Humber Libraries staff, like many other libraries, were faced with having to not only adjust to a new workplace dynamic but the need to quickly adapt to new technology and software.
As I settle into my role as this year’s OCULA New Librarian in Residence, I have made it a priority to expand my knowledge of scholarly communications, including open access (OA) policies. Open access policies in academic institutions come in many different flavours. In “Strategies for Success: Open Access Policies at North American Educational Institutions”, a 2015 survey of 51 North American institutions, Fruin and Sutton classified OA policies into three broad categories:
- the Harvard model, in which an institution is granted automatic, non-exclusive license to archive faculty research articles in a repository
- a general statement of encouragement
- a blend of the two
I became interested in how these findings might map to Canadian institutions and performed an environmental scan of the 29 Canadian Association of Research Libraries members to see which schools posted OA policies on their sites. While what I found was interesting (at least to me), I should warn that this list may not be exhaustive, since some institutions’ policies might still be in development. Further, it is unclear if some of the older policies I discovered are still in place. That said, here is a brief analysis of my findings.
No Harvard model in Canada
Thirteen of the 29 CARL institutions have an OA policy posted online. However, none of the policies provide for automatic, non-exclusive license to archive research articles. Canadian policies opt exclusively for the general statement of encouragement model. Furthermore, many Canadian policies are quite gentle in their language, seeking commitment “where possible”, requesting faculty’s “voluntary support”, and, even in the more strongly worded documents, stress that the policy is “not binding in cases publishers or others disallow it.”
I was reminded of Bart Simpson’s pledge: “I can’t promise I’ll try, but I’ll try to try.” In fairness, even Harvard’s policy provides mechanisms for opting out, but some of the wording in these documents suggest they might have been softened, perhaps, in order to pass a vote by academic senate.
Five of the 13 policies applied only to librarians and archivists. Even some librarian-led policies contain mollifying language such “making the best possible effort” to be open. If librarians embark on an OA policy to set an example for faculty, wouldn’t it be ideal to lead with a Harvard-style agreement? Are some Canadian librarians wary of OA? I still get notices in my inbox when colleagues upload their papers onto commercial, for-profit sites such as academia.edu. Are these librarians also depositing these materials into their institutional repositories? And if not, why not?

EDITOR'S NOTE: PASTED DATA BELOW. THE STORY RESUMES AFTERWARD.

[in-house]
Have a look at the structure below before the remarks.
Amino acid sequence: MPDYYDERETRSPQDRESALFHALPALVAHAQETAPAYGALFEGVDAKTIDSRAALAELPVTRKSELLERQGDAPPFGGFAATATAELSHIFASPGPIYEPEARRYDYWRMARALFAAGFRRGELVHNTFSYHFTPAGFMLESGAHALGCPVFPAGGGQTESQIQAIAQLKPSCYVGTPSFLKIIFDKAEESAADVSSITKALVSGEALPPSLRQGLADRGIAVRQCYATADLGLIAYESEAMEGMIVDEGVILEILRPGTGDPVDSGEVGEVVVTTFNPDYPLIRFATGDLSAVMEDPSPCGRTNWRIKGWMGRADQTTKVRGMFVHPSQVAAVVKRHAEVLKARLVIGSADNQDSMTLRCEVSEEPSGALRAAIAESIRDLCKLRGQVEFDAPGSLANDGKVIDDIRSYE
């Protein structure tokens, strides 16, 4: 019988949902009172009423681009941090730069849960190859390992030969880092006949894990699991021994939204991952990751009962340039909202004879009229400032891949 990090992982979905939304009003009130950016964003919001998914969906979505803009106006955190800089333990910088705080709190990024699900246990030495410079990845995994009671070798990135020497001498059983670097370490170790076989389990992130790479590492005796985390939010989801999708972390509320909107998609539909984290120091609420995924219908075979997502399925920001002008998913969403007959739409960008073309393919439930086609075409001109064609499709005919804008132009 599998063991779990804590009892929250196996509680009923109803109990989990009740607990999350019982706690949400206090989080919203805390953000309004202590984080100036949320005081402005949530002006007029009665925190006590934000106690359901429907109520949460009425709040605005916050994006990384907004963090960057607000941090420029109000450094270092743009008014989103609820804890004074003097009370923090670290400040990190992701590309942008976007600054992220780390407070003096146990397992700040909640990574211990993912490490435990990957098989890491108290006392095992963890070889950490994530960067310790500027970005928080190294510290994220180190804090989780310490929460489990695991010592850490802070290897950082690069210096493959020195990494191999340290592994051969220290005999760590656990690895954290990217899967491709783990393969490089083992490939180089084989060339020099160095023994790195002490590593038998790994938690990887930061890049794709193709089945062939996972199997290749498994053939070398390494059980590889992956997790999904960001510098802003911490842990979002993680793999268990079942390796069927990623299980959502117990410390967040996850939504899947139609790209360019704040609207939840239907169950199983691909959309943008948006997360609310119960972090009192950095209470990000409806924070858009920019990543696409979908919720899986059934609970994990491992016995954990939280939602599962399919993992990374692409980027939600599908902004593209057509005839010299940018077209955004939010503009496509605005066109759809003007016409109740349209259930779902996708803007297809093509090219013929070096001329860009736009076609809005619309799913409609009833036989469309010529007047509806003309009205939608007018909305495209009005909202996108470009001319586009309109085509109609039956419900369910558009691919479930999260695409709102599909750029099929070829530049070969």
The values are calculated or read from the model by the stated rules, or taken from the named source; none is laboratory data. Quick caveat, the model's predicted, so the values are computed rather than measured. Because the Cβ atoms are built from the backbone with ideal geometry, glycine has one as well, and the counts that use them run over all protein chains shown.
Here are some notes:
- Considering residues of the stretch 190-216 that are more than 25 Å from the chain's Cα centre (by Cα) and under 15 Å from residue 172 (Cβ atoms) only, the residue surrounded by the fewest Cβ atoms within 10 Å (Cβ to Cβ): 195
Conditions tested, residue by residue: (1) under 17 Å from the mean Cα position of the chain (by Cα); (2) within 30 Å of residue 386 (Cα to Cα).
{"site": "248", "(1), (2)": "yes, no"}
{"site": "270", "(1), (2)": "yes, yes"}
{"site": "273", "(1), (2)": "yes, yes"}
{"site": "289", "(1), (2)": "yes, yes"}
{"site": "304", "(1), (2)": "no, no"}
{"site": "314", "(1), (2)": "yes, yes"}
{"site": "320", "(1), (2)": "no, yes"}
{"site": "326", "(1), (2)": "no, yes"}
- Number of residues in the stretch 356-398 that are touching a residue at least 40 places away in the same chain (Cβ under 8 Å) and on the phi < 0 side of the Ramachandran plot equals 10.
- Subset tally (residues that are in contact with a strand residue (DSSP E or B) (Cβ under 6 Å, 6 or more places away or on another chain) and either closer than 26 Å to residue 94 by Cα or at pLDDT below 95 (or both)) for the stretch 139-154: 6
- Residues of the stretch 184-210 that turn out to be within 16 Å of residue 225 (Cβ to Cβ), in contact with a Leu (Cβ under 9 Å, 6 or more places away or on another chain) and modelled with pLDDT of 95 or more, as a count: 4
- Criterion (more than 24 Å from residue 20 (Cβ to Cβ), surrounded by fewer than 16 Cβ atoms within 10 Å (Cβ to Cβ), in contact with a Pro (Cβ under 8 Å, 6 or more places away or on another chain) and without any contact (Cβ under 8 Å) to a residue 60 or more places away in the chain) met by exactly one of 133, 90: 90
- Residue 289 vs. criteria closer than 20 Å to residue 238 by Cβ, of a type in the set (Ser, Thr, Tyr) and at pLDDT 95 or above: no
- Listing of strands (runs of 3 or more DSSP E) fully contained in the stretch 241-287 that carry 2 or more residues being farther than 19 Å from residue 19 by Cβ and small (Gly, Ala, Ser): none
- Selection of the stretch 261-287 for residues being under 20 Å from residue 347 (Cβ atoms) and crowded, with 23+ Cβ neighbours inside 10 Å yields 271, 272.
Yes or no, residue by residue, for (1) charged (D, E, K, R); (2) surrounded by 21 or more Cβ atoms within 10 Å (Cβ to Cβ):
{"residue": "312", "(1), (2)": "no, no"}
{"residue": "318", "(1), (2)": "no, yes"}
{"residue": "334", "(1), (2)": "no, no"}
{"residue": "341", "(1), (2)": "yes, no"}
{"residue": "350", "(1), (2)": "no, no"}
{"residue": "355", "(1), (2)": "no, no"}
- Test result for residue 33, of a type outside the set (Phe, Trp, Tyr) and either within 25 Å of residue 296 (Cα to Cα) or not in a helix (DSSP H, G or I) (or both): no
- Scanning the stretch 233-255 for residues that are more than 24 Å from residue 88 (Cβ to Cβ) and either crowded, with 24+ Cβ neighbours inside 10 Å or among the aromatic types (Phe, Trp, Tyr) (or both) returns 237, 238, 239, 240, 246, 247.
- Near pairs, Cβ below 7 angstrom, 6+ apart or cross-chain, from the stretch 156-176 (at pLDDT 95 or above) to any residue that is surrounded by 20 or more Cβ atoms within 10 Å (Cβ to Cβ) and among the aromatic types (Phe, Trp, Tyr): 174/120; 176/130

“Equity and access”
Not all policies were soft in their language, however. Librarians and archivists at the University of Saskatchewan recognized OA’s potential to bridge the inequality between “rich and poor nations in shared intellectual pursuits” while Concordia approved a senate resolution that sought to “exemplify social responsibility” through OA. The policy passed by the faculty of the Ontario Institute for Studies in Education of the University of Toronto (OISE/UT) was among the strongest in terms of wording, underscoring “the importance of equity and access” in their work. While opening up research has many practical dimensions, these institutions stress OA as a moral imperative as well.
Green open access and an area for future research
The CARL institutions’ policies promoted green open access – the common term referring to making work openly accessible by archiving in a subject or institutional repository. This contrasts to policies which might promote what is called gold OA: publishing in an open access journal. This suggests that bringing an OA policy before your senate is an effort to achieve wider support for archiving researchers’ work in institutional repositories. Fruin and Sutton point to a lack of comprehensive studies on OA policies in North America (2015). But if Canada’s institutions are unique in not using Harvard-style policies, a compelling area of future research might focus exclusively on Canadian institutional OA policies. Of the policies I discovered, the average year or adoption was 2011. In their 2014 paper, “Scholarly Communication at Canadian Research Libraries: Conversations with Librarians” Burpee and Fernandez found that most policies at CARL libraries were still at a nascent stage. Soon it will be time to determine the efficacy of these policies. Did they achieve increased faculty deposit or were they merely symbolic efforts and largely ignored? What is the rate of compliance and what are the strategies for success? What are the pitfalls to be avoided and what can we learn from those who did not succeed? We will soon be in a position to ask these questions.
Chris Landry is a Scholarly Communications Librarian and the 2015 OCULA New Librarian in Residence at OCAD University. He can be reached at clandry [at] ocadu.ca